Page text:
The code was updated at various places if $ rNat conditions to avoid that data transformation for sub-regional data are executed which do not relate to production or factor markets. During variable initialization and calibration, it is assumed that the regional data on intermediate input and primary factor use match the national totals (see next section for an implementation). Factor, production and immediate taxes rates are taken from the national SAMs.

The intermediate taxes are implicitly taken over by using the relation between the national Armington intermediate demands and the national SAM entries net of taxes:

There were otherwise very limited changes to the calibration code.

Implementation for European countries at NUTS2 level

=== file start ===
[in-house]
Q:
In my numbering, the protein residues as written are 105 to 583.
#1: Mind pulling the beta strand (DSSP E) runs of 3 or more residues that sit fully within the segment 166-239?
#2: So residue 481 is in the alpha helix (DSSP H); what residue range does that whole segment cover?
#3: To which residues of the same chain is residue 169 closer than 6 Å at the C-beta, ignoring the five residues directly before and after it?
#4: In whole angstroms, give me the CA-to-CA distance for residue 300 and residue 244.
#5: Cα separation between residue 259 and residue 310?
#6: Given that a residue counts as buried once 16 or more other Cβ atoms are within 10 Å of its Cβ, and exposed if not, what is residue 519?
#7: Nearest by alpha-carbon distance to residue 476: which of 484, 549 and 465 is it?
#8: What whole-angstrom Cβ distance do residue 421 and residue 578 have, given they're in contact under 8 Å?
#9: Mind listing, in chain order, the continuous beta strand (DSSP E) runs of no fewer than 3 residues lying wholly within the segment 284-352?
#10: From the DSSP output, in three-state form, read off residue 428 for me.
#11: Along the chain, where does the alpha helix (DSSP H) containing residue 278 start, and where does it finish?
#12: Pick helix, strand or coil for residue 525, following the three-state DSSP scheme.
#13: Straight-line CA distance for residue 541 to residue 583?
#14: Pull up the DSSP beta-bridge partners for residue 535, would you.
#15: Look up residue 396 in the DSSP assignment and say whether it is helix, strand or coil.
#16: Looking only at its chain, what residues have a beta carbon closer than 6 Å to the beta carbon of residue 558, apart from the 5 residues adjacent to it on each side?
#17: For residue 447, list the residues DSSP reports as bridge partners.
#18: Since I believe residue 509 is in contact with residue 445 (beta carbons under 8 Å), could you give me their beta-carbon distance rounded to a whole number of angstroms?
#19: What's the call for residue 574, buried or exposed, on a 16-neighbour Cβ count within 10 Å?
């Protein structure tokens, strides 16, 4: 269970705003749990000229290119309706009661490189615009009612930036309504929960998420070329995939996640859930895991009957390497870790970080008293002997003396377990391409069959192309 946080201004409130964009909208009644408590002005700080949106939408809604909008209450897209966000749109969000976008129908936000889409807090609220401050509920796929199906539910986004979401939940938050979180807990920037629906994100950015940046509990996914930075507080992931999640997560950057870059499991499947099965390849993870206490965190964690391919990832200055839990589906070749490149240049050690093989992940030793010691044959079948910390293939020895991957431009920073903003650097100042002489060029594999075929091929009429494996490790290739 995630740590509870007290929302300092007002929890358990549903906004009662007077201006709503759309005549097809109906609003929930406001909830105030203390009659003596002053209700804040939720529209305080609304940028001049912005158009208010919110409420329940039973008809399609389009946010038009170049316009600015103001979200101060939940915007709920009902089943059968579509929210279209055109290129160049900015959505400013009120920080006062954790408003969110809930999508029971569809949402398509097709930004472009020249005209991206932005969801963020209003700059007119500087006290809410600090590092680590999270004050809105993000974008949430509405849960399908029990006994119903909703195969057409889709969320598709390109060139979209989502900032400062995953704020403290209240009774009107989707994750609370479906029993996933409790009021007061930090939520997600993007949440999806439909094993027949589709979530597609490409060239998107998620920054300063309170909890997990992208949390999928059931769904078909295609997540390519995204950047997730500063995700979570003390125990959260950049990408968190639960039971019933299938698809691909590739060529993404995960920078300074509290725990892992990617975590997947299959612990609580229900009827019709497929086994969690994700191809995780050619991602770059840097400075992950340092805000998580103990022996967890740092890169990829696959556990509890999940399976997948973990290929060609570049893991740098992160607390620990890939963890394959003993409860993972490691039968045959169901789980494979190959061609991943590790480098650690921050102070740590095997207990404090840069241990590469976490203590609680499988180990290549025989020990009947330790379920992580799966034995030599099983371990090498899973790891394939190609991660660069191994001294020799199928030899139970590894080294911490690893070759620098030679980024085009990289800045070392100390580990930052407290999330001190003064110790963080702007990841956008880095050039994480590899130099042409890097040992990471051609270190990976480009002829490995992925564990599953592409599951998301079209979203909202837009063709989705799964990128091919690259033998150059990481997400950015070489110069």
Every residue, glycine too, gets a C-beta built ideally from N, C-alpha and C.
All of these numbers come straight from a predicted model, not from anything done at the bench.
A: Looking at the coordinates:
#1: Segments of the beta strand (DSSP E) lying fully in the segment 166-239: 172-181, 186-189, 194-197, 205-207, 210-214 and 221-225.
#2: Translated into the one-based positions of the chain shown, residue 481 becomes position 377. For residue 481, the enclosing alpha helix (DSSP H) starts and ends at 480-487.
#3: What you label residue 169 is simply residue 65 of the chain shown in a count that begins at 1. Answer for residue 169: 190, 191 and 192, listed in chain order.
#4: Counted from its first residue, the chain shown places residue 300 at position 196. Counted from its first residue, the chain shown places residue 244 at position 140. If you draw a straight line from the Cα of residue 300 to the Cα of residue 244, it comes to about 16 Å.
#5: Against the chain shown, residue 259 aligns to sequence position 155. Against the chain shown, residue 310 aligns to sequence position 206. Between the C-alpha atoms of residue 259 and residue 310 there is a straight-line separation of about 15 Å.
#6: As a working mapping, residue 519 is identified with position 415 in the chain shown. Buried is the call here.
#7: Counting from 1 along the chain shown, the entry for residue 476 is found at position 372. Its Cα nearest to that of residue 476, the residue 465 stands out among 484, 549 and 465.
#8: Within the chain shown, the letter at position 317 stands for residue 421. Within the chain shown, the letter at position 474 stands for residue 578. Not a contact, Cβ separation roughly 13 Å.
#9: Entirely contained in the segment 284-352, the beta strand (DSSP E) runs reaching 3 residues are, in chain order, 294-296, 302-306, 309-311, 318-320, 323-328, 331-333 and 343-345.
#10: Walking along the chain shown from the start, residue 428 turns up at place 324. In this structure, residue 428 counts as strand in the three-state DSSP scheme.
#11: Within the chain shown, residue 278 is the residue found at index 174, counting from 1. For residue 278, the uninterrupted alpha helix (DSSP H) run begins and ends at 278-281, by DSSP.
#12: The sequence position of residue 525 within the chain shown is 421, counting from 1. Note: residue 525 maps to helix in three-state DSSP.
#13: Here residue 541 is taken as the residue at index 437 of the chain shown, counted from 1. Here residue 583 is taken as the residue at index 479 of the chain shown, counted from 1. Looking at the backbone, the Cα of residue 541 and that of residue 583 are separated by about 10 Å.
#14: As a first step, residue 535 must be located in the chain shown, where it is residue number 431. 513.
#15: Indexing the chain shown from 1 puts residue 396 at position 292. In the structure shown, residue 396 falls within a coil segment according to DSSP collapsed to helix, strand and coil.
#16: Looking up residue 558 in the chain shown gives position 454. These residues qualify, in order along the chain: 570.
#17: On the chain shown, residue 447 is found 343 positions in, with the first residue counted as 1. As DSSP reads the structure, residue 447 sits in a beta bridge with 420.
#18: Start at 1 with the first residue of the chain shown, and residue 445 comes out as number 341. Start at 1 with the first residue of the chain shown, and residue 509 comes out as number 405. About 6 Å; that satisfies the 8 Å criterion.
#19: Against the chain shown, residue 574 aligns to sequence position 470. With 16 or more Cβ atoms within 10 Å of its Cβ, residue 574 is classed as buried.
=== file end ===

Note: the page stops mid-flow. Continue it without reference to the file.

The NUTS (Nomenclature des unités territoriales statistiques) system provides a classification of administrative units for the European Union and some further regions. After NUTS0 (= nation) and NUTS1 (=federal state or similar), NUTS2 provides already relatively small regional units for economy wide assessment and beyond. In the context of the EU funded research project CAPRI-RD (http://www.ilr.uni-bonn.de/agpo/rsrch/capri-rd/caprird_e.htm), regional SAMs at NUTS2 level and matching national ones for the EU member and candidates countries were compiled (Ferrari et al. 2012). The SAMs feature somewhat limited sector detail (Agriculture, Forestry, Other primary, Food processing, Other Manufacturing, Energy, Construction, Trade and transport, Hotels and restaurants, Education, Other Services) which reflects both data availability and the aim to model rural development policies under the Common Agricultural Policy (CAP). A specific feature of the SAMs is a dis-aggregation of intermediate demand to regional, national and imported origin. A matching single country CGE was developed (Törmä et al. 2010. 2010, Britz 2012) with a rather detailed driver to map individual rural development measures from the CAP into shocks for the model and an interface to the regional supply models and the market model of the partial equilibrium CAPRI modeling system. So far, the application of that model is rather limited (Schröder et al. 2015, Britz et al. 2015). We use here only the production data of these regionals SAMs which also breaks down demand to the regional level and provides also details on the national and regional government accounts.